In negotiating the UK’s future relationship with the EU, 59 per cent of Londoners think Government should prioritise staying in the single market, compared to 29 per cent who would prioritise ending freedom of movement in order to reduce EU migration, a new survey has found.
The survey, carried out by ComRes on behalf of think tank Centre for London, is the first poll of Londoners’ expectations post-Brexit which provides a sense of how people are feeling about London’s future, and what they think the Government’s priorities should be.
Strikingly, just one in three Londoners (34 per cent) think that central Government has London’s best interests at heart, and nearly three in five (57 per cent) think London should be given more powers and control over its finances to ensure the city’s continuing success after Brexit. Yet despite this, there is little appetite for the city to try to make its own unique arrangements with the EU: 58 per cent of Londoners think that London’s immigration system should remain consistent with the rest of the UK.
The findings suggest that Londoners feel confident about the long-term future of the city – 58 per cent think London will still be one of the top global capitals in 10 years’ time. Yet the short term remains uncertain; half (52 per cent) say that Brexit will have a negative impact on London’s economic growth until 2020 – a figure that rises to 68 per cent amongst young Londoners aged 18-24.
Londoners are also concerned about the impact Brexit could have on cost of living; three quarters (76 per cent) think that the price of day-to-day products such as food and clothing will increase, while two in five (42 per cent) think that it will have a negative impact on their personal finances. Moreover Londoners aren’t expecting rising living costs to be addressed through increases in earnings. Only 17 per cent of Londoners think that leaving the EU will result in wages going up and one in four (26 per cent) expect them to go down.
The survey also indicates that Londoners feel unsure about their relationships – both with fellow Londoners, and the rest of the UK – in the wake of Brexit:
- 41 per cent of Londoners feel distant from the rest of the UK in the wake of Brexit
- Over one in three (37 per cent) feel that negative perceptions of London from the rest of the UK are holding the capital back.
- Half (51 per cent) of Londoners think that the EU referendum has had a negative impact on social cohesion in London.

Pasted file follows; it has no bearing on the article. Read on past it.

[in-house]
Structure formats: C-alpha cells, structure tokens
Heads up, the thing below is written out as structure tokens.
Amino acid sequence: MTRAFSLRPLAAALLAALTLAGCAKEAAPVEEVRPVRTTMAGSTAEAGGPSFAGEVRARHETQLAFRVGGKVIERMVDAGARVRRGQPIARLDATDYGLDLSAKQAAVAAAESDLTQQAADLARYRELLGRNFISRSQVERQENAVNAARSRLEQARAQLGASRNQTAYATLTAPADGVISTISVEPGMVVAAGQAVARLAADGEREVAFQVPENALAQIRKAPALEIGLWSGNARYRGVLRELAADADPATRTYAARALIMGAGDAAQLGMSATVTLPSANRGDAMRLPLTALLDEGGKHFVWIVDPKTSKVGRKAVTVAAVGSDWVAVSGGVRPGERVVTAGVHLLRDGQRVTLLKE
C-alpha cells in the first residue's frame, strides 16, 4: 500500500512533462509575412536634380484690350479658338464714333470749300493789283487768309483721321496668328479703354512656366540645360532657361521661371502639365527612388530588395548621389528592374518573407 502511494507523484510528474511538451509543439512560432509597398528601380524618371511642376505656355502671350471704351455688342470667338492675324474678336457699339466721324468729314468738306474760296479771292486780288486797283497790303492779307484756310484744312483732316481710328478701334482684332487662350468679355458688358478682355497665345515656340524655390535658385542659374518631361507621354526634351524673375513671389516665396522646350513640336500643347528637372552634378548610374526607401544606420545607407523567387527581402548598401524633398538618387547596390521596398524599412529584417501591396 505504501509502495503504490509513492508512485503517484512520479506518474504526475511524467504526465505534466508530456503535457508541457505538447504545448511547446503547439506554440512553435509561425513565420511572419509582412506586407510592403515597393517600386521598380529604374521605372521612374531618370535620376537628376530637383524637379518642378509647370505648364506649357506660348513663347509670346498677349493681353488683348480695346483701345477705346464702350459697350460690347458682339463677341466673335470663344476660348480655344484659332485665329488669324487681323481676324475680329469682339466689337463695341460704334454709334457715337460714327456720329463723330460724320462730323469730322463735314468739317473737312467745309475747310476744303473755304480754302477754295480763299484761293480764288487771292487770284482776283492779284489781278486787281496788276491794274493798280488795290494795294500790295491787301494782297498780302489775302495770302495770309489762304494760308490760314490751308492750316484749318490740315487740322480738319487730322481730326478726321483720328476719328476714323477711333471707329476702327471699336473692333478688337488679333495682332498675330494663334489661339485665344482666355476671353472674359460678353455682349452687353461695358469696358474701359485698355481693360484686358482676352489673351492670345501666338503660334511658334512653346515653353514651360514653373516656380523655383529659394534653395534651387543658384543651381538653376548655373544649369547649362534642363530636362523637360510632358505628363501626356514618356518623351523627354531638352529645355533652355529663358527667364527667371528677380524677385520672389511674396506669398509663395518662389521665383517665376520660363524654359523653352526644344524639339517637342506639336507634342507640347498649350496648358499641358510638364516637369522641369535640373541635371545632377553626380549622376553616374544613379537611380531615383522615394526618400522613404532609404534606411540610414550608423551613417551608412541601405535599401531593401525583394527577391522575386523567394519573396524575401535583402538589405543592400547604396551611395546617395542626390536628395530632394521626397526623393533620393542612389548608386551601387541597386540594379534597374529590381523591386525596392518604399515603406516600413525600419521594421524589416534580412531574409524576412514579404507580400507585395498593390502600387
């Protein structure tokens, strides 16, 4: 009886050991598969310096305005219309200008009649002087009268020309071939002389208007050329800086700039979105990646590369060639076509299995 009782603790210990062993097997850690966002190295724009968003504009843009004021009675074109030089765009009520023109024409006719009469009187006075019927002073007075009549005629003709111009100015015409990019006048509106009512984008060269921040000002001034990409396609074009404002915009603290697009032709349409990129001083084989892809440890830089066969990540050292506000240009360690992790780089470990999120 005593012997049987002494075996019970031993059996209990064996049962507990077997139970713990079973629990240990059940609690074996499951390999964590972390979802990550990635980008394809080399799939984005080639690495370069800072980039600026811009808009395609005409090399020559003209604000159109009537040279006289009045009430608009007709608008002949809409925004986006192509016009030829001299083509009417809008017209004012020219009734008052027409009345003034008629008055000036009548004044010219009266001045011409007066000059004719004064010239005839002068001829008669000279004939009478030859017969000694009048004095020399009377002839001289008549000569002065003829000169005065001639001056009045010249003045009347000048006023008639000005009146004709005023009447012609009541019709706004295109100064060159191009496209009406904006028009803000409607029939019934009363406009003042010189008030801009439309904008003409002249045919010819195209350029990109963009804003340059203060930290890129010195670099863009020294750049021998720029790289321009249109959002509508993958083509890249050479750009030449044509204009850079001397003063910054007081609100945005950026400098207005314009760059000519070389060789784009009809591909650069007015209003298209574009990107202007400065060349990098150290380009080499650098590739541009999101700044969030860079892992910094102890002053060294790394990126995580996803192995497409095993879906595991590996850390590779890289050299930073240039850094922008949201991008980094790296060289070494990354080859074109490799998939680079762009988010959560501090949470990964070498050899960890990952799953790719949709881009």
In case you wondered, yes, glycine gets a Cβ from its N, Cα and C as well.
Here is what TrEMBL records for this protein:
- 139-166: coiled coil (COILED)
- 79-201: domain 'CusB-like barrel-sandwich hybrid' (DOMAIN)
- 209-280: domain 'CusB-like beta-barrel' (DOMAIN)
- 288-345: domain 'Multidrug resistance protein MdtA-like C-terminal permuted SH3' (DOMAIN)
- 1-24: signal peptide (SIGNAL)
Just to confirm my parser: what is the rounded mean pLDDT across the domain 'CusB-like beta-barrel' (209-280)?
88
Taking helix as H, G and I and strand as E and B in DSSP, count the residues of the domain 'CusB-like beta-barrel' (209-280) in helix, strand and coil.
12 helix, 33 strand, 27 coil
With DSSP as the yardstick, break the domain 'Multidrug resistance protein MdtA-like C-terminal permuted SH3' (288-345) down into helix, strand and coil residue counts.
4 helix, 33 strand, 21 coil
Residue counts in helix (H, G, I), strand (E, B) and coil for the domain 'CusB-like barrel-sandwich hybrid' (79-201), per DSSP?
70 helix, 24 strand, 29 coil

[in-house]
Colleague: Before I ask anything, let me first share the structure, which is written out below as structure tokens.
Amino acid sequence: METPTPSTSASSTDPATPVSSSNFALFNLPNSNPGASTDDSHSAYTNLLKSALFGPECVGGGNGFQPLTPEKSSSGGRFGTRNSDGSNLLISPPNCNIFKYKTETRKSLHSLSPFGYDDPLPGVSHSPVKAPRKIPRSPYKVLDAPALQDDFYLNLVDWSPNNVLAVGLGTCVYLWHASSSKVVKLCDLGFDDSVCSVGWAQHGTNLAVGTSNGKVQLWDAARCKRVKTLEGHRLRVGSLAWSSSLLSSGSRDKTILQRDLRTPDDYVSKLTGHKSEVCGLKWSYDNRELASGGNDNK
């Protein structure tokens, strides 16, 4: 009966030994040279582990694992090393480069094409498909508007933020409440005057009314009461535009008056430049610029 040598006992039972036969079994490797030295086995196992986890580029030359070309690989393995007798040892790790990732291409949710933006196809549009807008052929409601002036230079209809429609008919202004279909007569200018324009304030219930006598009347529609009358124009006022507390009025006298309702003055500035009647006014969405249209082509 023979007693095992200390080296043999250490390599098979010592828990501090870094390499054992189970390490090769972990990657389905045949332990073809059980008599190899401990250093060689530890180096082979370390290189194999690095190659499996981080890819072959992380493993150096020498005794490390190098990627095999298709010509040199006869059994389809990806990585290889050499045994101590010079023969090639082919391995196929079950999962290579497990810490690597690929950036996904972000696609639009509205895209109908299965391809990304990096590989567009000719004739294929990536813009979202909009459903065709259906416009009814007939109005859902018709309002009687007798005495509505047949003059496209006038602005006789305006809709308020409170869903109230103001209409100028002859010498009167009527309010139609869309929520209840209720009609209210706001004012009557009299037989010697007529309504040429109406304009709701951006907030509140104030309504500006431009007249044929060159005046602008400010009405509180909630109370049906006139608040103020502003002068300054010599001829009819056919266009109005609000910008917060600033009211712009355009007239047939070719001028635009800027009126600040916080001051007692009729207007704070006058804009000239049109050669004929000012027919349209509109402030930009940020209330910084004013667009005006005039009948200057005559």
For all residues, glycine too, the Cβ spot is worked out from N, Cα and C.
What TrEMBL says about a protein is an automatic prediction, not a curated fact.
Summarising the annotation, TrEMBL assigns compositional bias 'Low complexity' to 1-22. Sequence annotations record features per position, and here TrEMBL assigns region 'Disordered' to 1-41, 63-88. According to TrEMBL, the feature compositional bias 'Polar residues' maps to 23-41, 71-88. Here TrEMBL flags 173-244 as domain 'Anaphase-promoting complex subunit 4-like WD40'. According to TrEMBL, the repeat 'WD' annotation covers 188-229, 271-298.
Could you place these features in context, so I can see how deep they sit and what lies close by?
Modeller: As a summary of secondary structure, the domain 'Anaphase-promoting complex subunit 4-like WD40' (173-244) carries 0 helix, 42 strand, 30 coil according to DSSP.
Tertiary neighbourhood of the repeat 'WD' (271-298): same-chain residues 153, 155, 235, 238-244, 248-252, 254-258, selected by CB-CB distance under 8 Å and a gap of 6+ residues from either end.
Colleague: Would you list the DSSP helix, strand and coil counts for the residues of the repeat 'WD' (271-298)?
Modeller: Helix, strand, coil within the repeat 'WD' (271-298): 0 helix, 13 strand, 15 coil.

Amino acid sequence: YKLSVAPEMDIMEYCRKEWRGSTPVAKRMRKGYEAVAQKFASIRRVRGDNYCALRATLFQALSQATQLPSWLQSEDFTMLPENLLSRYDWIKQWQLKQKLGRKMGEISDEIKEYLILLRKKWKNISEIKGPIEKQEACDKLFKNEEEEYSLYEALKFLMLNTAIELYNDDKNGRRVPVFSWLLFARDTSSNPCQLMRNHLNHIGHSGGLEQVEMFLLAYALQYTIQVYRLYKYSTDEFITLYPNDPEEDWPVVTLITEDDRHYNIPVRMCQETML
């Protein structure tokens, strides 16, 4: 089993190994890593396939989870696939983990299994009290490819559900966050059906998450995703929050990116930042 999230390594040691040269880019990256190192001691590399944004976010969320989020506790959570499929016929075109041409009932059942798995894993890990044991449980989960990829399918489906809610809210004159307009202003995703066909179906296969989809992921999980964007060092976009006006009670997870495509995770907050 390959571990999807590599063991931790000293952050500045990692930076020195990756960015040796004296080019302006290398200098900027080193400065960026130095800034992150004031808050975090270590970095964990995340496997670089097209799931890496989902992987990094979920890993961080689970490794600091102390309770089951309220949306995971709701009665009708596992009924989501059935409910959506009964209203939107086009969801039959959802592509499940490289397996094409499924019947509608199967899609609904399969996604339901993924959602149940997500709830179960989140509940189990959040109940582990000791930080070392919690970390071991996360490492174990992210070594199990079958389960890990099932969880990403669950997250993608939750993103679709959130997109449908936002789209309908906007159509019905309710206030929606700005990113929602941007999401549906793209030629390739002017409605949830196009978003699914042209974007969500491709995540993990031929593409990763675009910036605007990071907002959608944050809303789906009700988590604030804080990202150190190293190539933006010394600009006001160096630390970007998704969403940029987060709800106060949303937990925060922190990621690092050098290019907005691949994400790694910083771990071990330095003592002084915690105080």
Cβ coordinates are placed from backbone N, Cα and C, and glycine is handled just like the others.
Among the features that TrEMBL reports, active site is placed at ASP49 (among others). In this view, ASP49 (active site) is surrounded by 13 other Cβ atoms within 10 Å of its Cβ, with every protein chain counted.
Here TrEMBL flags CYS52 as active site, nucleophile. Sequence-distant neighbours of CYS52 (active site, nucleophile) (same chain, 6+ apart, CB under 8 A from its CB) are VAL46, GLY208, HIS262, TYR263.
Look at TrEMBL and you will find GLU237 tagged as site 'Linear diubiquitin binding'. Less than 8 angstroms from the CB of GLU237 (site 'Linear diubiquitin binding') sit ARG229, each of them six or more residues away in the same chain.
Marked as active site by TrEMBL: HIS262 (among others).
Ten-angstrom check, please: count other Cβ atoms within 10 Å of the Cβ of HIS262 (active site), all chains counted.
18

Ben Rogers, Director at Centre for London said:
“This survey shows a strong preference, among Londoners, in favour of maintaining open borders if that is the price for preserving access to the EU Single Market.
“It also suggests that Londoners support the demands made by successive Mayors, for more self-government for the capital.
“Londoners, especially young Londoners, are worried about the effects that Brexit will have on the London economy and on their own standard of living and want London government to have more power to address the capital’s challenges.”
Mark Boleat, Policy Chairman at the City of London Corporation said:
“As the world’s leading financial services hub it is important the we keep access to the Single Market. This is a big issue for the capital and so it is positive to see that Londoners value this so highly.
“With the majority of the financial and professional services jobs outside of London, it’s also in the UK’s best interests to preserve these trading relations too.
“We will continue to work closely with Government and City firms to ensure the best possible outcome is achieved.”
The survey was released to coincide with Centre for London’s annual event, The London Conference, which takes place on Wednesday 16 November.
This year the conference is discussing London’s place in the world post-EU Referendum vote. Speakers include: Alicia Glen, New York’s Deputy Mayor for Housing and Economic Development speaking about lessons for London from New York; David Miliband, President and CEO, International Rescue Committee speaking about how global cities should respond to the refugee crisis; and Benjamin Barber, Founder of Global Parliament of Mayors on the way cities do, and can, cities help to address the global crises we face.